Twin Brothers: One Battling Alcohol Addiction, the Other Battling Denial

My brother and I were born two minutes apart. We weren't identical twins, but we looked similar and had a lot of the same mannerisms, preferences and general disposition. So why did he become an alcoholic and I didn't? When I first learned how bad his alcohol problem was, I had this kind of survivor's remorse reaction because I wasn't as messed up as he was. This hindered my ability to help him early on and allowed his drinking to get increasingly worse. For a while, I just shut my eyes in the hopes that he would give up on his own, but he just kept drinking and pushing our family away. We all knew for a long time that he needed professional help but we never acted on it.

That all changed one day when we were both at a party together and he was drunk like usual. I refused to give him the keys to his car to drive home from the party and the next thing I knew my brother and I are trading blows in front of everybody; real honest-to-goodness punches and rolling around on the floor breaking stuff all over the place. At that moment I knew couldn't ignore the reality of the situation anymore that my brother's alcoholism might get him or somebody else killed. We didn't talk for about two weeks after that, but I knew it was my job to at least try and get him some help. So I spent a few days trying to plan my strategy. I knew that anything that was said between us would go in one ear and out the other, so I called the rest of my family and some of our close friends to get the ball rolling on setting up a professional family intervention. Although we are a close family, we argue a lot over stupid things, but hiring a professional wasn't one of them. We all agreed that it was worth it to pay a professional interventionist to organize the process, and if necessary to act as a referee too just in case things got out of hand knowing how volatile my brother could get.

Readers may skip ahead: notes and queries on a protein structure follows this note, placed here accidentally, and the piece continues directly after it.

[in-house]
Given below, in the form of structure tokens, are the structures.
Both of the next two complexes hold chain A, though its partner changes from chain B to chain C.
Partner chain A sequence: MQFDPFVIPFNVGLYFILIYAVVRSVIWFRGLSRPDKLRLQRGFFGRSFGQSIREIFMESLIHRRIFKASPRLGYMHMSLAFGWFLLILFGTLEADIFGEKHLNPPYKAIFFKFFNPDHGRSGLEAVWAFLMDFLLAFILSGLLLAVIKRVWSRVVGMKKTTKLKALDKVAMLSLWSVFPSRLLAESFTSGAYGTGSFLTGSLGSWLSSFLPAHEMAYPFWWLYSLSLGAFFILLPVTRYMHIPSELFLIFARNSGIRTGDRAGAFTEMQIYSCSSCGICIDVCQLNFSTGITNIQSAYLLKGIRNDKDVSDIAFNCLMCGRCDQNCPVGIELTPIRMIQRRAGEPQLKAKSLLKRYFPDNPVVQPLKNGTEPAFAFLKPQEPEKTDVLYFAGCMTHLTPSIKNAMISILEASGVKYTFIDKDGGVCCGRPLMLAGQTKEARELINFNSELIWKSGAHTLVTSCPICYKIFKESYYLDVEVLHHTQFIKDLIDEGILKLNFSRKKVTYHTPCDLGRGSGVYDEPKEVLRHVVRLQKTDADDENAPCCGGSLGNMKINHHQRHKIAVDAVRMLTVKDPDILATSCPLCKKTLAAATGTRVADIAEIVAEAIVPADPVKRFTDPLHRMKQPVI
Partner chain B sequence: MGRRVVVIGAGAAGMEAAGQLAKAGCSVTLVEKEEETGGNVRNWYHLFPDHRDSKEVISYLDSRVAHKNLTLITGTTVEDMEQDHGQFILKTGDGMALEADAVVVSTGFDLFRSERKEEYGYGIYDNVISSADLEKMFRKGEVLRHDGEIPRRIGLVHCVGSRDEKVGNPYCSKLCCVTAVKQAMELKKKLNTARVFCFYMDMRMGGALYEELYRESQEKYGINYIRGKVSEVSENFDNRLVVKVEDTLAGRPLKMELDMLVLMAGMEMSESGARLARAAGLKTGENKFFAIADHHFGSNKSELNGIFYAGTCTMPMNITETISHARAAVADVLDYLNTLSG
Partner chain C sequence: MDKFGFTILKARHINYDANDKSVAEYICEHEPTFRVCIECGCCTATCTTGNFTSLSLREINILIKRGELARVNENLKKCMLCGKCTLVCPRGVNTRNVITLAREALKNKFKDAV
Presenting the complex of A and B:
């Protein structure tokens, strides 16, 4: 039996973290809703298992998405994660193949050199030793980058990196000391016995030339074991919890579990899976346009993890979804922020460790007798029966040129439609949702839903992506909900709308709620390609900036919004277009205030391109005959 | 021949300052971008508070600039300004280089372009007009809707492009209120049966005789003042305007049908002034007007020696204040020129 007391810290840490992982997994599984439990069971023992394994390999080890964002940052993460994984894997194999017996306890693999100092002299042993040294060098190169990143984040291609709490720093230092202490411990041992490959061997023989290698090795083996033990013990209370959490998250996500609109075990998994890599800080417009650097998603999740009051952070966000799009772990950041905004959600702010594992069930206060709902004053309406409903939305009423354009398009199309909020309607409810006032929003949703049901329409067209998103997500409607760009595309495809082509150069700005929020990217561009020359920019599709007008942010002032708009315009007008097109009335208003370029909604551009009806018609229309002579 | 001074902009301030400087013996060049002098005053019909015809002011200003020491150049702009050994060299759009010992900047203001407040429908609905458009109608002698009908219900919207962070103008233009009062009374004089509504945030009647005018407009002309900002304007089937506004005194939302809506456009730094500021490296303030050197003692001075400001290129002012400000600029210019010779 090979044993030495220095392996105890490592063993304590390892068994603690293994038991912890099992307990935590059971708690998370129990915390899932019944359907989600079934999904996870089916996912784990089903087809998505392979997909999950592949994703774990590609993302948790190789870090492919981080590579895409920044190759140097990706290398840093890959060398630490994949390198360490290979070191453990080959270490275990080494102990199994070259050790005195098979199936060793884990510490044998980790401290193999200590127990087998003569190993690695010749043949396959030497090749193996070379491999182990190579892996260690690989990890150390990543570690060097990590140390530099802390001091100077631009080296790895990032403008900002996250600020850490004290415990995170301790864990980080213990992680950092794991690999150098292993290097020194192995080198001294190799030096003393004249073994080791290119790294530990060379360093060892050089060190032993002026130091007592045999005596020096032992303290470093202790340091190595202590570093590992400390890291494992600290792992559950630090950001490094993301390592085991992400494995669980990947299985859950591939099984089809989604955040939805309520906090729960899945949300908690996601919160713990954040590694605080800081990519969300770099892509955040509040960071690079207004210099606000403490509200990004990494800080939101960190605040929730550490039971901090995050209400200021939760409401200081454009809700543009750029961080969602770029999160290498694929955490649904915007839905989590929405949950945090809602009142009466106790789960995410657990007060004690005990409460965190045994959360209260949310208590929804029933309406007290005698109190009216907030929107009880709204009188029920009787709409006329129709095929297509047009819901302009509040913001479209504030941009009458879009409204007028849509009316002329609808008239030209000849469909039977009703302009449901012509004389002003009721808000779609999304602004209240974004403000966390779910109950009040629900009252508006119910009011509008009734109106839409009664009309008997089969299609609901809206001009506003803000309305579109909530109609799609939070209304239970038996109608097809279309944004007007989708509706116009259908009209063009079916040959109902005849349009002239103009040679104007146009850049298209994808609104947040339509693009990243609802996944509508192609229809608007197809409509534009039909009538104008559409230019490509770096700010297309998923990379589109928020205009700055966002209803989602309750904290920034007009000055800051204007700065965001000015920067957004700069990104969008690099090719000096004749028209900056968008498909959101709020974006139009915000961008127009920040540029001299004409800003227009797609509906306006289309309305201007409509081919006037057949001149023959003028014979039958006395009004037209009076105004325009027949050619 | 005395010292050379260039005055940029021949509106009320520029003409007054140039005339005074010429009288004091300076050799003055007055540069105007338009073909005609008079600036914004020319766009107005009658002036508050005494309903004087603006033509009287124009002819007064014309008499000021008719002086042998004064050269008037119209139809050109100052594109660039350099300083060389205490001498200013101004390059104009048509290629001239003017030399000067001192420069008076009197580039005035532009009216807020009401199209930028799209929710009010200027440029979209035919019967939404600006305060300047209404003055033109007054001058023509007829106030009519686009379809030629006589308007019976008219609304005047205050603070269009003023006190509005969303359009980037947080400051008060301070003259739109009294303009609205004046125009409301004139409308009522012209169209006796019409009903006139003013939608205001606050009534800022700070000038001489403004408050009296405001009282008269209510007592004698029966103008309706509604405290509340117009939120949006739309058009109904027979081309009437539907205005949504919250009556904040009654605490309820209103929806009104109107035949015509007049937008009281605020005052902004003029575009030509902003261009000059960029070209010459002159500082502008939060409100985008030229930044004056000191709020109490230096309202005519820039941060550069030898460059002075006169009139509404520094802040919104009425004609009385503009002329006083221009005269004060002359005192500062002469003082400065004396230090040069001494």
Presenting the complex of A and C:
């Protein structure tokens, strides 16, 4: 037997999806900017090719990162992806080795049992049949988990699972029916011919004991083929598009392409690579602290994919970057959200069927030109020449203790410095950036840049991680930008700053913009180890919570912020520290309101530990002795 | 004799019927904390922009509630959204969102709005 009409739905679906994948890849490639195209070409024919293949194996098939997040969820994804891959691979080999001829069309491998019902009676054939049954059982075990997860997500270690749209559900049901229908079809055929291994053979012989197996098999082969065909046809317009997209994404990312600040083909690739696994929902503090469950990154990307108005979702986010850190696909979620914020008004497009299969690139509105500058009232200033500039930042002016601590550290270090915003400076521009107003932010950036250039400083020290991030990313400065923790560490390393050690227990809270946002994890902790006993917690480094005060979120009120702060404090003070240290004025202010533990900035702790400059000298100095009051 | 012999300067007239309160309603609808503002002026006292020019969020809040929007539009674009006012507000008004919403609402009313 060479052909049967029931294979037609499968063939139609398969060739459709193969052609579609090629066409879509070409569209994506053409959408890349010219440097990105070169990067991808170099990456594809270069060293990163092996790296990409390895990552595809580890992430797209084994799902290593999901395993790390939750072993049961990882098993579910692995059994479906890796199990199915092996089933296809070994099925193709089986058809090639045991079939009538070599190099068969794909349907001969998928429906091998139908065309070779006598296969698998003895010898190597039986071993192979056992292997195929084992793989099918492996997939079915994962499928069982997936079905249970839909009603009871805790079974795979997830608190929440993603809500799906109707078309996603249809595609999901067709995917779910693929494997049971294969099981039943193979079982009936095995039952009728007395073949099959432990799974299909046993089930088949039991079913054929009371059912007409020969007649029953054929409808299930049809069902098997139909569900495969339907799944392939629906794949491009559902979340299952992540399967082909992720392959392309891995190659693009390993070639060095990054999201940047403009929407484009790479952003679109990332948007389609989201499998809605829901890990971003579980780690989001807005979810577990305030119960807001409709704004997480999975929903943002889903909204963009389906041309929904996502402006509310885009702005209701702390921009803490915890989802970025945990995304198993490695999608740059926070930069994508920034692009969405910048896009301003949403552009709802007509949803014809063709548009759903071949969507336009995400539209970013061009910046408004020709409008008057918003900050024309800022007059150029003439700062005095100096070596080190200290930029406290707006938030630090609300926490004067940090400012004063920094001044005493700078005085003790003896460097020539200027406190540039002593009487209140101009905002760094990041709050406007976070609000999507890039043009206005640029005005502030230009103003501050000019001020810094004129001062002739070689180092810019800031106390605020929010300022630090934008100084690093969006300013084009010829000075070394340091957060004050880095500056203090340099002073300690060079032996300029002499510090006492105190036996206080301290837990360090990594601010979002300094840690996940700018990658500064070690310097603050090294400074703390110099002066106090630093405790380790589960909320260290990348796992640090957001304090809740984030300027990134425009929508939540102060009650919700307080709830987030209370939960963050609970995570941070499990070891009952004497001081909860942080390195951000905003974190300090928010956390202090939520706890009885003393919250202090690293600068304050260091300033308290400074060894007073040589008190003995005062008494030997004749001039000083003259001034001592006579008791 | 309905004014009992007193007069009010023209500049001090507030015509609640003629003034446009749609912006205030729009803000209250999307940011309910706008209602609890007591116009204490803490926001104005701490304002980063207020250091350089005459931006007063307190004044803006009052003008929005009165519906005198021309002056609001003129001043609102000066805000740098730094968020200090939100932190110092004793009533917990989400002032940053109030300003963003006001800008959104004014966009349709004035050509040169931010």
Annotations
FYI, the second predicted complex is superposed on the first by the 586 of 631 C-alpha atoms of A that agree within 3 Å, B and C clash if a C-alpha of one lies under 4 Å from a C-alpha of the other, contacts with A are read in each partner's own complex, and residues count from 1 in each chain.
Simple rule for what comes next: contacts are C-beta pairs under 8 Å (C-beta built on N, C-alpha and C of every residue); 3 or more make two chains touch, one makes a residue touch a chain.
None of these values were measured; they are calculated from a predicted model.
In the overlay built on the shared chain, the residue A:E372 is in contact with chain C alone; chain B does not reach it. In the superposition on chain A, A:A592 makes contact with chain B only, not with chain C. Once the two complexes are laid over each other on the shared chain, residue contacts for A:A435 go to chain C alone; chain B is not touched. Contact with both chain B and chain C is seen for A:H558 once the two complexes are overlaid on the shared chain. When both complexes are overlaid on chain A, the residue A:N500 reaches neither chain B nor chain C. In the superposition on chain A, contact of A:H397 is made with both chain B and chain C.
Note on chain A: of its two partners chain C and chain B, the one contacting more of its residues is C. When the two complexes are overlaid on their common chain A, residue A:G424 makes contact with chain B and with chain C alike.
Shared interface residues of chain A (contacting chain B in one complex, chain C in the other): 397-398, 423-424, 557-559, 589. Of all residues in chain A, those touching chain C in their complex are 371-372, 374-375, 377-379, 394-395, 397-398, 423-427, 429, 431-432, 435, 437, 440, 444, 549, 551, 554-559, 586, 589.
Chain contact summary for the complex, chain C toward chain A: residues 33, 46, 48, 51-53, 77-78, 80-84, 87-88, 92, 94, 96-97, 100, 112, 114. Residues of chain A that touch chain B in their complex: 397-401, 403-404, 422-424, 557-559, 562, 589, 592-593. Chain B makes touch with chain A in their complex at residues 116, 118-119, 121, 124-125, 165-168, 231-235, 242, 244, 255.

After about two weeks of organizing everything, we held our professional family intervention for my brother. I told my brother I wanted to apologize for anything I may have done to him in the past and surprisingly he came right over. When he first walked over to me he appeared to be visibly shaken, so I thought we might be going to go at it again. But the interventionist starting talking to him in a very calming, non-threatening, disarming conversational style that put my brother immediately at ease. We were all very pleasantly shocked by this unexpected positive development. Then we were even more in shock at the end of the intervention, after everyone had a chance to speak his or her piece that he actually agreed to go for treatment too. When my brother returned after successfully completed his treatment program at a rehab in Florida that specialized in behavioral health treatment for alcoholism he came back a different man. I don't know what they did in those 30 days down there, but he hasn't touched a drop of liquor ever since. I have my brother back and I feel a tremendous weight has been lifted off my shoulders.

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